Texas ordered to suspend law that bans most abortions

A federal judge on Wednesday ordered Texas to suspend the most restrictive abortion law in the U.S., which since September has banned most abortions in the nation’s second-most populous state.

Some providers have said that Texas clinics are now in danger of closing while neighboring states struggle to keep up with a surge of patients who drive hundreds of miles.

Long Beach school district fires safety officer after fatal shooting

The Long Beach Unified School District Board of Education unanimously voted to fire the safety officer who opened fire last month on a moving car filled with young people, killing a female passenger

Manuela “Mona” Rodriguez, 18, died Tuesday after more than a week on life support.

Our daily news podcast

If you’re a fan of this newsletter, you’ll probably love our new daily podcast, “The Times,” hosted by columnist Gustavo Arellano, along with reporters from across our newsroom. Every weekday, it takes you beyond the headlines. Subscribe on Apple Podcasts and follow on Spotify.


Twenty-five years ago today, Rupert Murdoch launched Fox News with Roger Ailes as its chief executive. The Times reported early in 1996 that Murdoch said he felt a more conservative cable news network was needed to counter the “liberal” CNN.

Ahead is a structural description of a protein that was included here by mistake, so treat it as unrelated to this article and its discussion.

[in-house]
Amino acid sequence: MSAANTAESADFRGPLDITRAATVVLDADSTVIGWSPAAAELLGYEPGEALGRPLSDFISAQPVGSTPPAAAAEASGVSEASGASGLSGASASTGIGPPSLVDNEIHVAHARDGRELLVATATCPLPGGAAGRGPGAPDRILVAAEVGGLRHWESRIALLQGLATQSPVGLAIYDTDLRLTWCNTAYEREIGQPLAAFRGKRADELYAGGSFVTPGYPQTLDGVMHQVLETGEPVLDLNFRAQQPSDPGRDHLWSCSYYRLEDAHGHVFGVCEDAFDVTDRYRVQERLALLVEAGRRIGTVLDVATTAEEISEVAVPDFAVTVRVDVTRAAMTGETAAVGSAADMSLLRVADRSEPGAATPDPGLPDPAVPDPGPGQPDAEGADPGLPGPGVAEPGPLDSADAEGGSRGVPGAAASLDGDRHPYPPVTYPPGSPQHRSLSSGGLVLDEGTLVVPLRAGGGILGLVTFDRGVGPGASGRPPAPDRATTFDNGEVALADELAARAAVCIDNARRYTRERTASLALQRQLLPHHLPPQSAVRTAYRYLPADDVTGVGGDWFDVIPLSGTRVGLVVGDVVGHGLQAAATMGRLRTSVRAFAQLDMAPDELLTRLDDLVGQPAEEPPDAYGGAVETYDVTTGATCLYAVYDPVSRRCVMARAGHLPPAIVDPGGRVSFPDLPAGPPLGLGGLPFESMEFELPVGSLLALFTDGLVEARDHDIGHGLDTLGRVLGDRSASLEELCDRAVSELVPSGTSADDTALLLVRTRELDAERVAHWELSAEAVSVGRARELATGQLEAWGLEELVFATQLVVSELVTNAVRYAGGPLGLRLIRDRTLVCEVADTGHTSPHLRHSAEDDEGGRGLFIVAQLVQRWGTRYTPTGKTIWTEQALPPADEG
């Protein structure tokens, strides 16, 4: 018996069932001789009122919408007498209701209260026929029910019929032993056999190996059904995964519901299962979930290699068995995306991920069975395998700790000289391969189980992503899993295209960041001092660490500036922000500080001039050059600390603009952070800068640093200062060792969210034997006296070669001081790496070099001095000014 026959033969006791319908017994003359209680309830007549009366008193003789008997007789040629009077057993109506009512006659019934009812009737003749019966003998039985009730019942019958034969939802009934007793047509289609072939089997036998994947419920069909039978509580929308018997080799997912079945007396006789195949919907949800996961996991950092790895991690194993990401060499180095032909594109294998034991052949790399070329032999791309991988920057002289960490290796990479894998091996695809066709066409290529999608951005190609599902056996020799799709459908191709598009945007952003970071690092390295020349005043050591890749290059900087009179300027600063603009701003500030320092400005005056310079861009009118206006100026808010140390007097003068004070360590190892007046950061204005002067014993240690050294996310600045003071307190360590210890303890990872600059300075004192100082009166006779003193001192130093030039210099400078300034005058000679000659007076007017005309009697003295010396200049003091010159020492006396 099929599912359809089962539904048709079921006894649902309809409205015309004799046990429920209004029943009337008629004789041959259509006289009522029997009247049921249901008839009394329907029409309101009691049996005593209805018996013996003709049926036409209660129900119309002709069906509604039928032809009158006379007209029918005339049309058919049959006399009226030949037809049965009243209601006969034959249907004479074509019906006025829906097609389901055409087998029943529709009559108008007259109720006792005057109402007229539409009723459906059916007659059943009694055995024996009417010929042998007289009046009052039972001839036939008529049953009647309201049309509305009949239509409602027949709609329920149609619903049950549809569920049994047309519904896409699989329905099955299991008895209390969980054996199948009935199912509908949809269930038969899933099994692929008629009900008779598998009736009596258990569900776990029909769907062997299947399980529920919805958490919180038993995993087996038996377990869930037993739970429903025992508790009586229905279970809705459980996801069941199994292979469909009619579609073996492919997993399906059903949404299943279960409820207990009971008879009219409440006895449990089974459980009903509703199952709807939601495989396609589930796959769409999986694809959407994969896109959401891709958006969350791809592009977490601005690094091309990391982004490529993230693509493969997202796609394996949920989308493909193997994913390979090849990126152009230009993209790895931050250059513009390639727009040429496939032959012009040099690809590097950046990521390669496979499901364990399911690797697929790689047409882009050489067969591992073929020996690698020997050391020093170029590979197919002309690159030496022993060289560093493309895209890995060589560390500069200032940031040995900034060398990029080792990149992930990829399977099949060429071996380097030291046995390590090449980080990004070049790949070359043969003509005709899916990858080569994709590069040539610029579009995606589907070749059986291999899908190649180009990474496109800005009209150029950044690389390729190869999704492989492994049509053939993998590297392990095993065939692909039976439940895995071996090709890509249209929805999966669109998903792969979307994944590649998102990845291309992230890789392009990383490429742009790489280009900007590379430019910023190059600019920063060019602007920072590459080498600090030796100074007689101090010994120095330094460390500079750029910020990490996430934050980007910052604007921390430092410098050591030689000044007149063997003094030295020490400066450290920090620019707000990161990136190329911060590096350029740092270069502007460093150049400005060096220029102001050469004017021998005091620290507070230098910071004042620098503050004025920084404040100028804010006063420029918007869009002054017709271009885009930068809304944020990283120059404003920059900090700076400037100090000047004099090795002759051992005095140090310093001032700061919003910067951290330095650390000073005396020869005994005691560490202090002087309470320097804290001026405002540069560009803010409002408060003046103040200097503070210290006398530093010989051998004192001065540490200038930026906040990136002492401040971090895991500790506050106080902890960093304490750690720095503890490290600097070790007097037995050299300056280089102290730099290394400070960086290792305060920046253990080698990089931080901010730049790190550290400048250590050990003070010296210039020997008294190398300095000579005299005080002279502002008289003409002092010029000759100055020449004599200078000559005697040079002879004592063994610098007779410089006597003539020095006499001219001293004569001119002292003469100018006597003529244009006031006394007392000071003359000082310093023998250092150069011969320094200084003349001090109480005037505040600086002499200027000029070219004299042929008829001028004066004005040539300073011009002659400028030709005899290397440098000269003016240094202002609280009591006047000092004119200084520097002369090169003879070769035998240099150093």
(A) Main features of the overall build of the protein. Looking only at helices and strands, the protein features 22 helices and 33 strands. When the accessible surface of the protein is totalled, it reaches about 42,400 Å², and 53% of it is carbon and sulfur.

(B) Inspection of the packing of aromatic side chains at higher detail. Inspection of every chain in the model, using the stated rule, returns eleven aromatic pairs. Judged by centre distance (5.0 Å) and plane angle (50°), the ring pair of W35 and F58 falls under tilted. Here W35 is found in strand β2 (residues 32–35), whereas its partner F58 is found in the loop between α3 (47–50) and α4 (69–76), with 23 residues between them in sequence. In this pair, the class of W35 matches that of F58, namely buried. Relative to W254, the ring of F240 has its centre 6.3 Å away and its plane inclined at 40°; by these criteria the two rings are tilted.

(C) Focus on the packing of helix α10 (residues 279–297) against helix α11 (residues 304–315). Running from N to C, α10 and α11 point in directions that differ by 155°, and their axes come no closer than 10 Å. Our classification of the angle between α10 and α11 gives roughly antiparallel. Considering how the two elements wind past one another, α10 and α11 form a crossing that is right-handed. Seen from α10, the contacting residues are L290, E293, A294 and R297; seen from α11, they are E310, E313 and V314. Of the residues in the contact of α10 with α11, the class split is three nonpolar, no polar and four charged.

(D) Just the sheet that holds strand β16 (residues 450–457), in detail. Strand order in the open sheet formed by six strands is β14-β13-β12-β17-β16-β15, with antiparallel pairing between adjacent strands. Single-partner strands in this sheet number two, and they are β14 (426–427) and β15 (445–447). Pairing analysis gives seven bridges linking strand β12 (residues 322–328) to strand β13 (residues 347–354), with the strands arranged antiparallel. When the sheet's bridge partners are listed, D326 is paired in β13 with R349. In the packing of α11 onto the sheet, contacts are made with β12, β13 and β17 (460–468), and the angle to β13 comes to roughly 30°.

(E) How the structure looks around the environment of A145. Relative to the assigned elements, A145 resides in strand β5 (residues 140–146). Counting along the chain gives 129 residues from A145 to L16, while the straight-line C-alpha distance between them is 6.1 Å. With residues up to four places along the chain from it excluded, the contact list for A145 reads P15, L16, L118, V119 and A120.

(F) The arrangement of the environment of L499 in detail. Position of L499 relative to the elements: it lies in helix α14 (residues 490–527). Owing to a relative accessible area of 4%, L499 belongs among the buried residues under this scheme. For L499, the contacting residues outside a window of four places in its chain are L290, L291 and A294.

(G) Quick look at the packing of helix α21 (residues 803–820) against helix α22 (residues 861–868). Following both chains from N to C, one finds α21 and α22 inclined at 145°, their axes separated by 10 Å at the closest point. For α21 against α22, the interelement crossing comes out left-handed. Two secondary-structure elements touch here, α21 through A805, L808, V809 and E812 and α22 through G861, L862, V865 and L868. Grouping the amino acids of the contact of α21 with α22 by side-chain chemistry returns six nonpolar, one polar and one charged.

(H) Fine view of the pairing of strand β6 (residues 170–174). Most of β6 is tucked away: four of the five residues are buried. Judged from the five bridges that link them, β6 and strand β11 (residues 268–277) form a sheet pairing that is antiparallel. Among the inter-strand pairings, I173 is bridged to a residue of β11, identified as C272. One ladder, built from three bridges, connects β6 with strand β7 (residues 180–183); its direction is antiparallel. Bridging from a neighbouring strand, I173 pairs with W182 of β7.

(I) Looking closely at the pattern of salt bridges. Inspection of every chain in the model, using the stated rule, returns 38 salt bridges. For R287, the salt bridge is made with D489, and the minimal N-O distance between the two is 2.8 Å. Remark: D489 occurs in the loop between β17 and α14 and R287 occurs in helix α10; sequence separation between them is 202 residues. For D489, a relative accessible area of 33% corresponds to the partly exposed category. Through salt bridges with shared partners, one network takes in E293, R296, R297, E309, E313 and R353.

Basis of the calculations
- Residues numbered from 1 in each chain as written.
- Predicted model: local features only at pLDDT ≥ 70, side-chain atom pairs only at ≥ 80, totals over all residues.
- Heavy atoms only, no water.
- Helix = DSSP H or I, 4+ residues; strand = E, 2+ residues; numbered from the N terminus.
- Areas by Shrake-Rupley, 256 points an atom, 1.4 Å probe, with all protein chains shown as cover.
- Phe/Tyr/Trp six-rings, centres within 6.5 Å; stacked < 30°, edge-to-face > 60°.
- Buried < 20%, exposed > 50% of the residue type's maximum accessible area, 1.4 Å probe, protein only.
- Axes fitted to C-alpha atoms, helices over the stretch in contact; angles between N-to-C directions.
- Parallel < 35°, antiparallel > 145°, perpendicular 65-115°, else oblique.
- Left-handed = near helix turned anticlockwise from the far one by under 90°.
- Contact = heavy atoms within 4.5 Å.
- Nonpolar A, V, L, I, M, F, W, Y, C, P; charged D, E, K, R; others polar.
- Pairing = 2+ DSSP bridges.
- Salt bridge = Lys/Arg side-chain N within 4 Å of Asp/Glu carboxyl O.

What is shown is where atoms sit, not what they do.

— Laguna Beach is one the inarguable wonders of California’s coast. Its hills plummet into the sea, creating a scalloped seascape of caves, cracks and arches, of blowholes, tide pools and white sand beaches. The specter of disaster hovers because alongside these fragile habitats is sprawling oil infrastructure and one of the busiest shipping channels in the world.

— Drought wants to knock out the small town of Stratford, Calif., about 40 miles south of Fresno in Kings County. The people who love it are trying to save it from ever-rising temperatures and recession.

Black and Latinx students are disproportionately harmed by the state’s failure to exert oversight and take action against some school district disciplinary practices, according to a lawsuit by parents and an advocacy group.

— Weather outlook maps for October offer a glimmer of hope for California. For the first time in months, its precipitation outlook map isn’t colored brown, indicating drier-than-normal conditions. And the temperature map isn’t glowing red like a stove-top burner set on high.

Support our journalism

Subscribe to the Los Angeles Times.


— In a reversal of Trump administration policy, the State Department has revealed the number of nuclear weapons in the U.S. stockpile, a disclosure that it said would aid global efforts to control the spread of such arms.

— The Biden administration is temporarily relaxing the rules for a student loan forgiveness program that has been criticized for its notoriously complex requirements — a change that could offer debt relief to thousands of teachers, social workers, military members and other public servants.

— The World Health Organization recommended Wednesday that the world’s first malaria vaccine should be given to children across Africa.